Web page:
Plus, one OFTEN does not use a single effect when sound designing, but rather an edited blend of multiple, related effects that build up to a new SUPER effect.

    Example: for a musical, I had to create the (intentionally humorous) sound effect of a body falling down a flight of steps and crashing at the bottom (off-screen/stage). I used 6 or 8 effects in the mix, though the base of it was my own recording of a pair of tied-together sneakers which I had tumbling in a clothes dryer, pitched down.

    This all can take HOURS and HOURS, even for a single effect.

    Scott

    <edit>It does get easier with time & habit, though. You get used to the nomenclature of particular libraries, as well as generally with audio engineers and/or musicians, filmmakers, TV producers. The best ones can give you a reasonable facsimile using stock effects in a matter of minutes, then flesh out improvements as needed.

    Thank you! my requirements are very simple, I want to create something similar to this:

    https://www.youtube.com/watch?v=OwKS8j9zSa4

    how can I identify the sound effects of a clip by listening to it, and find it on the web? my main issue is identify or name a sound after listening to it, any sound pack you can recommend that can cover all the sound effects used in this clip?

    Cheers,
    Mehdi
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  5. Member
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    Originally Posted by JVRaines View Post
    The more time you spend with libraries the better you will get at interpreting descriptions. But there is no way around having to listen to tons of clips to find something you like. Pros hire people who are already familiar with thousands of clips or they record effects at the microphone/synthesizer.
    Thank you! my requirements are very simple, I want to create something similar to this:

    https://www.youtube.com/watch?v=OwKS8j9zSa4

    how can I identify the sound effects of a clip by listening to it, and find it on the web? my main issue is identify or name a sound after listening to it, any sound pack you can recommend that can cover all the sound effects used in this clip?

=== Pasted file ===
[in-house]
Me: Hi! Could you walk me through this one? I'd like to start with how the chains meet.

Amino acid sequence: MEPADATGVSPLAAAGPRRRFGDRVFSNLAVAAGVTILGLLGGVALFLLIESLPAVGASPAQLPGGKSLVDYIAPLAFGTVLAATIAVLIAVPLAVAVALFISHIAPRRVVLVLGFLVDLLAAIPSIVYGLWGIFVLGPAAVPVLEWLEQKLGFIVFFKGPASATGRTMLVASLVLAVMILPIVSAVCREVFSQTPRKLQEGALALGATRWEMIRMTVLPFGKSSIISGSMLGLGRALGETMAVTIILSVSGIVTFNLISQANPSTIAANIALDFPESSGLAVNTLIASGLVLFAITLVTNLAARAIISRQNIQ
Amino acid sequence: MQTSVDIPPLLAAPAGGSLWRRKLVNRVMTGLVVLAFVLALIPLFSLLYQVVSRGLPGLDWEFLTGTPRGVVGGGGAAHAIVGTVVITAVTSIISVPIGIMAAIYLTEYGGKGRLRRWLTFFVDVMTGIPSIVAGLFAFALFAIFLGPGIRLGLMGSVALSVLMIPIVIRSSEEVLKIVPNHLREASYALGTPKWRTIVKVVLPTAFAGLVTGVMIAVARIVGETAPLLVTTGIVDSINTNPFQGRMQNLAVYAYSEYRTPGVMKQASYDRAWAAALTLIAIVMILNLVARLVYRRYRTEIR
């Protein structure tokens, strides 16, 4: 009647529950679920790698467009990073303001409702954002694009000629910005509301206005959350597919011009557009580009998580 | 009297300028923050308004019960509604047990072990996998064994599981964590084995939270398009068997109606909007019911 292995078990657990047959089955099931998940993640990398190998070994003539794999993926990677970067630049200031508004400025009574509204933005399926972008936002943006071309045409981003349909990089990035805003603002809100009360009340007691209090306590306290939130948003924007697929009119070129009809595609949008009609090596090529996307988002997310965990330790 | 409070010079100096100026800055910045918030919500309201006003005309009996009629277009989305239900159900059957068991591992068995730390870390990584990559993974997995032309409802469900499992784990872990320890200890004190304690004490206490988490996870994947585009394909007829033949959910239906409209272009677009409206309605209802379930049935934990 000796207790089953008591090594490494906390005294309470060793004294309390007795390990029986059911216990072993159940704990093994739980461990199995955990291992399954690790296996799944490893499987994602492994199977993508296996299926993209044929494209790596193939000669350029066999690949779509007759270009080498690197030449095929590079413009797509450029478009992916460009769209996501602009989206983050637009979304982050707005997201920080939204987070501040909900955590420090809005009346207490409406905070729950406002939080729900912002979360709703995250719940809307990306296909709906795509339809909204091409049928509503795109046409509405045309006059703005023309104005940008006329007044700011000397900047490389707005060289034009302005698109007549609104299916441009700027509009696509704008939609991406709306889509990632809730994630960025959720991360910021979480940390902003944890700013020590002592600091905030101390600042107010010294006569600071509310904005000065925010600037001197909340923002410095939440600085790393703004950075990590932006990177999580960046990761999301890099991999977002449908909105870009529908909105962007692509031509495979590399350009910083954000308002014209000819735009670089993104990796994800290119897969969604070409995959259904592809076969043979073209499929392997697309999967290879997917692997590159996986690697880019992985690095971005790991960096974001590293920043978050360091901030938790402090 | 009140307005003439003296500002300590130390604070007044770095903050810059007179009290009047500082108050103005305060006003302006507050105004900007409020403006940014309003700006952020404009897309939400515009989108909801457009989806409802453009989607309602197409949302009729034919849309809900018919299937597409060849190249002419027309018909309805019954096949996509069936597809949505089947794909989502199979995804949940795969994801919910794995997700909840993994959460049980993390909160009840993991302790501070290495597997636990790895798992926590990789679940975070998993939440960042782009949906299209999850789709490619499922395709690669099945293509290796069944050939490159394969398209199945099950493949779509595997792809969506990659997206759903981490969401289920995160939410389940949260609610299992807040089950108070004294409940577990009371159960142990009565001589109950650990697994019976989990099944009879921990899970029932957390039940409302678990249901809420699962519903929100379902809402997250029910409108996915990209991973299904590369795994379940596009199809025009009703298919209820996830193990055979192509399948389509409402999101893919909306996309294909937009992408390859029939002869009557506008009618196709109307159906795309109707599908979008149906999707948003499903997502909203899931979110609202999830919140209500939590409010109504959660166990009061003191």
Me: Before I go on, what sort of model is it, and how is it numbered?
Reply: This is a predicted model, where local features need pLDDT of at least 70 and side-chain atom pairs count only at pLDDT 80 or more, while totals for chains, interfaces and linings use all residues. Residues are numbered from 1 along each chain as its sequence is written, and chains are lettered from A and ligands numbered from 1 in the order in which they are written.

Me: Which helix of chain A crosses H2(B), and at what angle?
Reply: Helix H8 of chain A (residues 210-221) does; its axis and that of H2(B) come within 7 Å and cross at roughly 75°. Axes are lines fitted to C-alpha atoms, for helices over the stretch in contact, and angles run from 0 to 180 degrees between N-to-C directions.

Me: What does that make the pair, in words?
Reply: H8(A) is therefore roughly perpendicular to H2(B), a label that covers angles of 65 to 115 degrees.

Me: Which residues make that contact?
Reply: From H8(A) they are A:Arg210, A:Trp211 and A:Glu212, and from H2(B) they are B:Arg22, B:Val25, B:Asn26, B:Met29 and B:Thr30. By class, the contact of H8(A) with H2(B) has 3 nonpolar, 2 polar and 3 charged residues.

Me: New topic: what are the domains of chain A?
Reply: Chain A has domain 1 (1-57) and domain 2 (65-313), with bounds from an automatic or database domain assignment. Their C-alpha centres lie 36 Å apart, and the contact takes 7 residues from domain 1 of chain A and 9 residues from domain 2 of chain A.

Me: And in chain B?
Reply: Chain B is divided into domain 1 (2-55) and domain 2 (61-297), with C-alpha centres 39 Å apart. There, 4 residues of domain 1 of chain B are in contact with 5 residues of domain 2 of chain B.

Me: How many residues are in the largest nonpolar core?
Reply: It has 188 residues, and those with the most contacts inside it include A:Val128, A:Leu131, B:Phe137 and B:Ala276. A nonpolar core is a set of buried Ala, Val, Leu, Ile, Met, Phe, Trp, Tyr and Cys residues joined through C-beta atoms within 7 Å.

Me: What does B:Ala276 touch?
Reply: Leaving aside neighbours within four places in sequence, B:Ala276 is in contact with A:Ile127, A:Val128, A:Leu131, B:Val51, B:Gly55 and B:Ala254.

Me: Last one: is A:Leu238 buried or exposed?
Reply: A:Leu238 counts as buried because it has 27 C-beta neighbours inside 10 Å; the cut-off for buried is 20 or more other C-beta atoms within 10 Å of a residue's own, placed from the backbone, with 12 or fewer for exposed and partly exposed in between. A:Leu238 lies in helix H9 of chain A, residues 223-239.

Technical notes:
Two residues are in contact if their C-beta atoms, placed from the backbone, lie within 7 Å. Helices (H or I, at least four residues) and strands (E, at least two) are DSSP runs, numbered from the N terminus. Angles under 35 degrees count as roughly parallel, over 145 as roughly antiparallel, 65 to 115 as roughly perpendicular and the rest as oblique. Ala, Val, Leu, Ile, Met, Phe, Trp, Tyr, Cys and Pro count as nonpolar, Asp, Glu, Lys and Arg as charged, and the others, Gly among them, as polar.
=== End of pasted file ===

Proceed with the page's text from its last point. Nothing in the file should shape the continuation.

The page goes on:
Cheers,
    Mehdi
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  6. Member
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    You can always start with onomatopoeias. If a sound goes "pop!" then search for "pop." Or "swoosh" or "burble." Then try something the sound reminds you of, like "jet flies past." It also helps to know something about music so you can search, for example, for "glockenspiel slide" or "triangle hit."
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  7. Member
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    Originally Posted by JVRaines View Post
    You can always start with onomatopoeias. If a sound goes "pop!" then search for "pop." Or "swoosh" or "burble." Then try something the sound reminds you of, like "jet flies past." It also helps to know something about music so you can search, for example, for "glockenspiel slide" or "triangle hit."
    correct me if I'm wrong, it's more like a try and error and keyword search skill
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  8. Member
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    Originally Posted by mshah View Post
    correct me if I'm wrong, it's more like a try and error and keyword search skill
    Yeah, that's pretty fair. It's actually fun if you like sound. If you don't like listening to lots of weird audio clips, maybe you should turn the task over to someone else.
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  9. Member ChapmanDolly's Avatar